Judi Dench tells David Tennant she’s eyeing more villainous roles

The 85-year-old actress revealed which roles she wants to play next, and whether she plans to retire any time soon.

Judi Dench

Acting legend Dame Judi Dench has taken on a variety of prestigious roles, including the head of MI6, members of royalty and even that of a cat, but she now wants to take her career in a different direction: she would like to play the bad guy again.

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Speaking to David Tennant on his podcast, David Tennant Does A Podcast With…, she said she’s looking to play more surprising roles in her next projects.

“I hate to play parts that are expected… I want to play somebody who you think is a benign old lady sitting in a chair, and in actual fact is bumping people off,” she said. “I’m looking for a lot of villains to play.”

When asked whether she’s played a lot of villains, she replied: “No, not enough,” before adding that the role of Barbara Covett in Notes on a Scandal was her favourite villain to play.

“And having a good old fight with Cate Blanchett,” she added.

The 85-year-old actress starred opposite Cate Blanchett in the 2006 psychological thriller, in which a retiring spinster (Covett) tries to blackmail a new art teacher (Blanchett) after discovering her affair with a pupil.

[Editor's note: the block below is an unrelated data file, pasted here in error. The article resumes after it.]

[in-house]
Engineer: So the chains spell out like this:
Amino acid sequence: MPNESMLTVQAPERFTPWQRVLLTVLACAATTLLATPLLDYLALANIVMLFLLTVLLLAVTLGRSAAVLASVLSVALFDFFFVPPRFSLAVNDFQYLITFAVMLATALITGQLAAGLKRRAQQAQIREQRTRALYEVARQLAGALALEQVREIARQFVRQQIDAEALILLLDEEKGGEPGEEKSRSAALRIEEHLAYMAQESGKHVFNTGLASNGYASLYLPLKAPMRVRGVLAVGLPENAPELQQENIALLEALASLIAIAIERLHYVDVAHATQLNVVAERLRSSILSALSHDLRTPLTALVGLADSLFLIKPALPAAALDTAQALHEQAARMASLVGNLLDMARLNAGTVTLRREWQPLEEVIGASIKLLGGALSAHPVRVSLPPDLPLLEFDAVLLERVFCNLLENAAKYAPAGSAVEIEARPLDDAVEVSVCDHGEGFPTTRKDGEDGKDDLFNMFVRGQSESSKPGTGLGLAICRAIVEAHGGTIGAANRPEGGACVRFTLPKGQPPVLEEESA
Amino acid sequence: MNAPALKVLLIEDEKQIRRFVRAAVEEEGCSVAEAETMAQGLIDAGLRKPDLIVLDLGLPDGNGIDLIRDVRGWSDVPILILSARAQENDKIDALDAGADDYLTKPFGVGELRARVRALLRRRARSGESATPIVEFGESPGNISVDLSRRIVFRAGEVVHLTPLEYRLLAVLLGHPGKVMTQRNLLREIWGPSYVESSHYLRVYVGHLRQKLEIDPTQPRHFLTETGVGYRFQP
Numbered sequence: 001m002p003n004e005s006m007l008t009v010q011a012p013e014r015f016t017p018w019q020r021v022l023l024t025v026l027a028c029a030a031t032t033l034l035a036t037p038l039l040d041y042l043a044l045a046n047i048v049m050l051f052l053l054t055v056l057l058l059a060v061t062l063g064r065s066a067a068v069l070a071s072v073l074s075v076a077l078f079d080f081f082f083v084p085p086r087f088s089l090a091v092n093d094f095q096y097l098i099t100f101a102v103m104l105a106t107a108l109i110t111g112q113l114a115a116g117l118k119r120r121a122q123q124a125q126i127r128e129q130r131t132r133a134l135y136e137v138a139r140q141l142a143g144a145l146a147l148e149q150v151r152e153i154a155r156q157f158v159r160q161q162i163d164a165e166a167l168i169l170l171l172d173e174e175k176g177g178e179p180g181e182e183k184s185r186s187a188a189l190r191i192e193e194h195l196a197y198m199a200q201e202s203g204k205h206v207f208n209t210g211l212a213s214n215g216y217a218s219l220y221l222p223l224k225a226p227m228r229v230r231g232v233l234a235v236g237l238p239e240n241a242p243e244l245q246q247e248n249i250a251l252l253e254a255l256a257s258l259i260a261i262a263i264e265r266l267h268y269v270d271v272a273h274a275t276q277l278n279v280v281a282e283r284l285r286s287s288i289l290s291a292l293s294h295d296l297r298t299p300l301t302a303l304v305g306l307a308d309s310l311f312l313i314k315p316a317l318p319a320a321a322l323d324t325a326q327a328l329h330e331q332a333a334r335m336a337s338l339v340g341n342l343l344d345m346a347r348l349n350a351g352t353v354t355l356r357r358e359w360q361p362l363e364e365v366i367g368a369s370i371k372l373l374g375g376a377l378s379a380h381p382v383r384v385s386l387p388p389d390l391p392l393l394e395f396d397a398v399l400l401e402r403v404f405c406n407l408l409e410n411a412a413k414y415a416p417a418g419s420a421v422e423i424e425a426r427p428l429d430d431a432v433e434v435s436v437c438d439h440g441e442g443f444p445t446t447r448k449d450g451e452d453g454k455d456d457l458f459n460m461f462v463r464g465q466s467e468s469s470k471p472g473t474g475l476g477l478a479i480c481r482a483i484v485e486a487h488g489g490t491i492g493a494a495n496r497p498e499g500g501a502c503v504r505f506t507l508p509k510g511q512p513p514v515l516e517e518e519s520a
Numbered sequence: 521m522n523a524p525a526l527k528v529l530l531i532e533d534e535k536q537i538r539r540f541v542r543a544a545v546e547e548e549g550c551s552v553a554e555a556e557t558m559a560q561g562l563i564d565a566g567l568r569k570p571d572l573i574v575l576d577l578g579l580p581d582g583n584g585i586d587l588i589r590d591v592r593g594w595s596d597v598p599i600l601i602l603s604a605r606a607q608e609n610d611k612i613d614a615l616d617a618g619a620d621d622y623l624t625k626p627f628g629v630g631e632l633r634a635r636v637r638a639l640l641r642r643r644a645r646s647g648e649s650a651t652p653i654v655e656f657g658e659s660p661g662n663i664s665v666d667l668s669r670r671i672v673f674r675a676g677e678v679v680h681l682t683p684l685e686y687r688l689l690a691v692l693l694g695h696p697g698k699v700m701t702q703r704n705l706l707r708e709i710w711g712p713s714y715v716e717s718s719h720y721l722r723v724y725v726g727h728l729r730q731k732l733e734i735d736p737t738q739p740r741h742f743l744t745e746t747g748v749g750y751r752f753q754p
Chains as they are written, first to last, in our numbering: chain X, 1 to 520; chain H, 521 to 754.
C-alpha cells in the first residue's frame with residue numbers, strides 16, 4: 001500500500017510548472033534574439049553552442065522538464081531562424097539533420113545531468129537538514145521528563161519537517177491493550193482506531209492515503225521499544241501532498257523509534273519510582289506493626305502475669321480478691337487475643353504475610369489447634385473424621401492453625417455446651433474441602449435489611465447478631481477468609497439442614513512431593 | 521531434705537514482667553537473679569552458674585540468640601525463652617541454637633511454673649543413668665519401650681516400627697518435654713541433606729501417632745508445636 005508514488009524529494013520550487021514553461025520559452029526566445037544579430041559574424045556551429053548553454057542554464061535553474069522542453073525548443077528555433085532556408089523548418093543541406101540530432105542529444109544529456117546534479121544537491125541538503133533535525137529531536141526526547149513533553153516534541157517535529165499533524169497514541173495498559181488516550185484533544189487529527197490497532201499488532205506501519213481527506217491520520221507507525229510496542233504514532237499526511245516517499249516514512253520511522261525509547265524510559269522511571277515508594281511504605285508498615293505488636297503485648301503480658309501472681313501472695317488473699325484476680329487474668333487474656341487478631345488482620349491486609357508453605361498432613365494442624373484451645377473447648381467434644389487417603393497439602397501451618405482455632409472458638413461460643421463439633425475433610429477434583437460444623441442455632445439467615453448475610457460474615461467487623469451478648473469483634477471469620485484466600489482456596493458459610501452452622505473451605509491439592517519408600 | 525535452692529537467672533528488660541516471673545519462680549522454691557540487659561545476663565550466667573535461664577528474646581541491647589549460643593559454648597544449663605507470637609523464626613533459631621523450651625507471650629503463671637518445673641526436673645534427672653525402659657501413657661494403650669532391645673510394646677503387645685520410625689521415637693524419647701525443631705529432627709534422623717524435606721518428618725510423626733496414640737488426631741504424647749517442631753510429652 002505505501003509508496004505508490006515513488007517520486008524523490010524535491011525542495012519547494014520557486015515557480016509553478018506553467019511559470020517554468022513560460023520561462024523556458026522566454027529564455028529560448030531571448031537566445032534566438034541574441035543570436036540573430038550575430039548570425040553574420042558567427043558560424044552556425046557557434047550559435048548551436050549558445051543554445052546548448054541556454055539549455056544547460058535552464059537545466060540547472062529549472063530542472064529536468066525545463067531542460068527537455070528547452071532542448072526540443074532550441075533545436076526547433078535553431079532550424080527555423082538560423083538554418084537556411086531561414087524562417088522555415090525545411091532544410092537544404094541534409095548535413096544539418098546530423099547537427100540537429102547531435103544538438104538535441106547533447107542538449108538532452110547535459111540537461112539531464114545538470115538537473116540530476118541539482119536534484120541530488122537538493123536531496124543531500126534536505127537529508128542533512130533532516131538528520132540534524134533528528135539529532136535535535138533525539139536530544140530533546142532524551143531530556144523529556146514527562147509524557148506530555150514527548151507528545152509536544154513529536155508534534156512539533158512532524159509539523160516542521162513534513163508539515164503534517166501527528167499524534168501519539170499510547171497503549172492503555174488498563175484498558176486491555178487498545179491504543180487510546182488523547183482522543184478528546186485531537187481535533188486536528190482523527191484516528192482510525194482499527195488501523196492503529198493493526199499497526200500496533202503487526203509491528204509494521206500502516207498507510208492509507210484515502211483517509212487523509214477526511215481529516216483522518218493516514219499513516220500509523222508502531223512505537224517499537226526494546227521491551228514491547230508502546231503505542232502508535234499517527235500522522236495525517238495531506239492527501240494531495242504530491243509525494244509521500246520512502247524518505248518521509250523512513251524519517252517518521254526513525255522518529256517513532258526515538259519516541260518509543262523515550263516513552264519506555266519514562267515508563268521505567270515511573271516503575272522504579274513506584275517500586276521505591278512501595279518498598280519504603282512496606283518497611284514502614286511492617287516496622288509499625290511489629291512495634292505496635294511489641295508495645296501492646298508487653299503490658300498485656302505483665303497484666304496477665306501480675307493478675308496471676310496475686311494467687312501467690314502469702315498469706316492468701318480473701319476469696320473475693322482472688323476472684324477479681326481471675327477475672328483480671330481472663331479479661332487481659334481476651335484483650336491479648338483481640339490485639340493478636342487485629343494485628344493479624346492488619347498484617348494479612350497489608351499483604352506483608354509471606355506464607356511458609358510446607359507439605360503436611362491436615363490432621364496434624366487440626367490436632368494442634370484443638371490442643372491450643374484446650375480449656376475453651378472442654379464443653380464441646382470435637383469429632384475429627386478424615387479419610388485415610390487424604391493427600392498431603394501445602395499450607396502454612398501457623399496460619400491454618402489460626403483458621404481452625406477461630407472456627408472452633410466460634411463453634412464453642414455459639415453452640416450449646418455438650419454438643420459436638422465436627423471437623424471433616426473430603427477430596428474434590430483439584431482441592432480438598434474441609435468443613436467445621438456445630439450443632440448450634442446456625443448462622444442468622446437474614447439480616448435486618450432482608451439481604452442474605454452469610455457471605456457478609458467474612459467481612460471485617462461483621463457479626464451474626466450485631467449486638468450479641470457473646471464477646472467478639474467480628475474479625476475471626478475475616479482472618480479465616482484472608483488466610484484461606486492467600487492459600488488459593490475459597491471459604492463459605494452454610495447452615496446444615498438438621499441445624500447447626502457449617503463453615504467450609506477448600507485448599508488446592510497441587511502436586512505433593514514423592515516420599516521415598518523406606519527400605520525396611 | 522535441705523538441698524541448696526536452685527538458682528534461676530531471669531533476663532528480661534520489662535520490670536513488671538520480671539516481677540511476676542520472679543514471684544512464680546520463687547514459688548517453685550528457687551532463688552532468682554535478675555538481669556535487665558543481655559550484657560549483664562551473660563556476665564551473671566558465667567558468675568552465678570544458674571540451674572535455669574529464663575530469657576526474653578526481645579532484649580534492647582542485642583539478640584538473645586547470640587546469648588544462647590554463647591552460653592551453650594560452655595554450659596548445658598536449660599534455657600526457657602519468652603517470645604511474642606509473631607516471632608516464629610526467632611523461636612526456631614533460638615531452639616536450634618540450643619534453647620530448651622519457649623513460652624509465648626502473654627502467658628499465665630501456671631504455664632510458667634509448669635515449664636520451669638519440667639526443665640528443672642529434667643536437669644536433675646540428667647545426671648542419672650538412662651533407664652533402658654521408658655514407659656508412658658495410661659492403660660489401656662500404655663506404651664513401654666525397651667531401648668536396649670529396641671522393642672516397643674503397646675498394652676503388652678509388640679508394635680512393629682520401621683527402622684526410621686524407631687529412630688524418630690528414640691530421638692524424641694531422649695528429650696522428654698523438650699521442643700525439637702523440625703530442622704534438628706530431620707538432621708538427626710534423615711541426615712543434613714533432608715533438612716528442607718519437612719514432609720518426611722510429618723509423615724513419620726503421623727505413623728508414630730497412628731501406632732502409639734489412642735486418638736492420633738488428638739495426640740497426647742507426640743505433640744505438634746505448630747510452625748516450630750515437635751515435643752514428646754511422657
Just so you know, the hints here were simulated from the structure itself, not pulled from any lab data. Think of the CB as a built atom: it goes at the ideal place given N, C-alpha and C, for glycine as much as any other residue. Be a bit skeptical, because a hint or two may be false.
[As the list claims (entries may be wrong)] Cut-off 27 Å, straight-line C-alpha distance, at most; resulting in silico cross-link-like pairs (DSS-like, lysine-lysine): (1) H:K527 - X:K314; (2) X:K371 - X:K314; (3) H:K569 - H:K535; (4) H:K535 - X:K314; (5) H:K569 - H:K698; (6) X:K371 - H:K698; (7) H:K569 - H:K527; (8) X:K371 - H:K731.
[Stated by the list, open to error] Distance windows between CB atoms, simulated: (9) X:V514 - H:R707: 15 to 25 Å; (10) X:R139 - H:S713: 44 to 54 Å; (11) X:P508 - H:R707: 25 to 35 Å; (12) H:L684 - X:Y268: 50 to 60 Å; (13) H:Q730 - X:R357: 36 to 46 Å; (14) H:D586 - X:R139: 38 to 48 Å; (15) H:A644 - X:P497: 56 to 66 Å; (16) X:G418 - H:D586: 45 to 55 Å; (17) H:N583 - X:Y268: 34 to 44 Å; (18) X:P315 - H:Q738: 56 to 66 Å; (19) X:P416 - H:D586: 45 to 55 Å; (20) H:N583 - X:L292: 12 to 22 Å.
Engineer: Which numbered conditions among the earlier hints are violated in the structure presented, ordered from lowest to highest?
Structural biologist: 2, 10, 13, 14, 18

Dench, who was appointed as a Dame in 1988, is also known for playing M in eight James Bond films as well as her roles in 1998’s Shakespeare in Love, 2001’s Iris, 2005’s Mrs Henderson Presents and 2013’s Philomena.

Speaking about playing her iconic Bond role, she said: “I was very, very nervous about it.”

“[Her husband Michael Williams] said, ‘You’ve got to do it. I can say I’m living with a Bond woman,'” she added. “Eight [films], I did. I did half an hour of Spectre.”

When Tennant asked whether she was disappointed after being killed off in 2012’s Skyfall, she said: “I’m not sure. I was more disappointed in never being sent anywhere… I had a lovely time.”

In terms of retirement however, Dench said that she has no intention of giving up acting.

“I assume you have no intention of retiring,” Tennant asked Dench, to which she replied: “No.”

Speaking about how acting changes with age, she continued: “It changes in the fact that you’re worried that the next job won’t come up. My eyesight is so bad now that that’s quite tricky. I have ways of learning things.

“As long as I’ve got enough time to prepare, I’ve got great friends who help me with lines and things,” she added.

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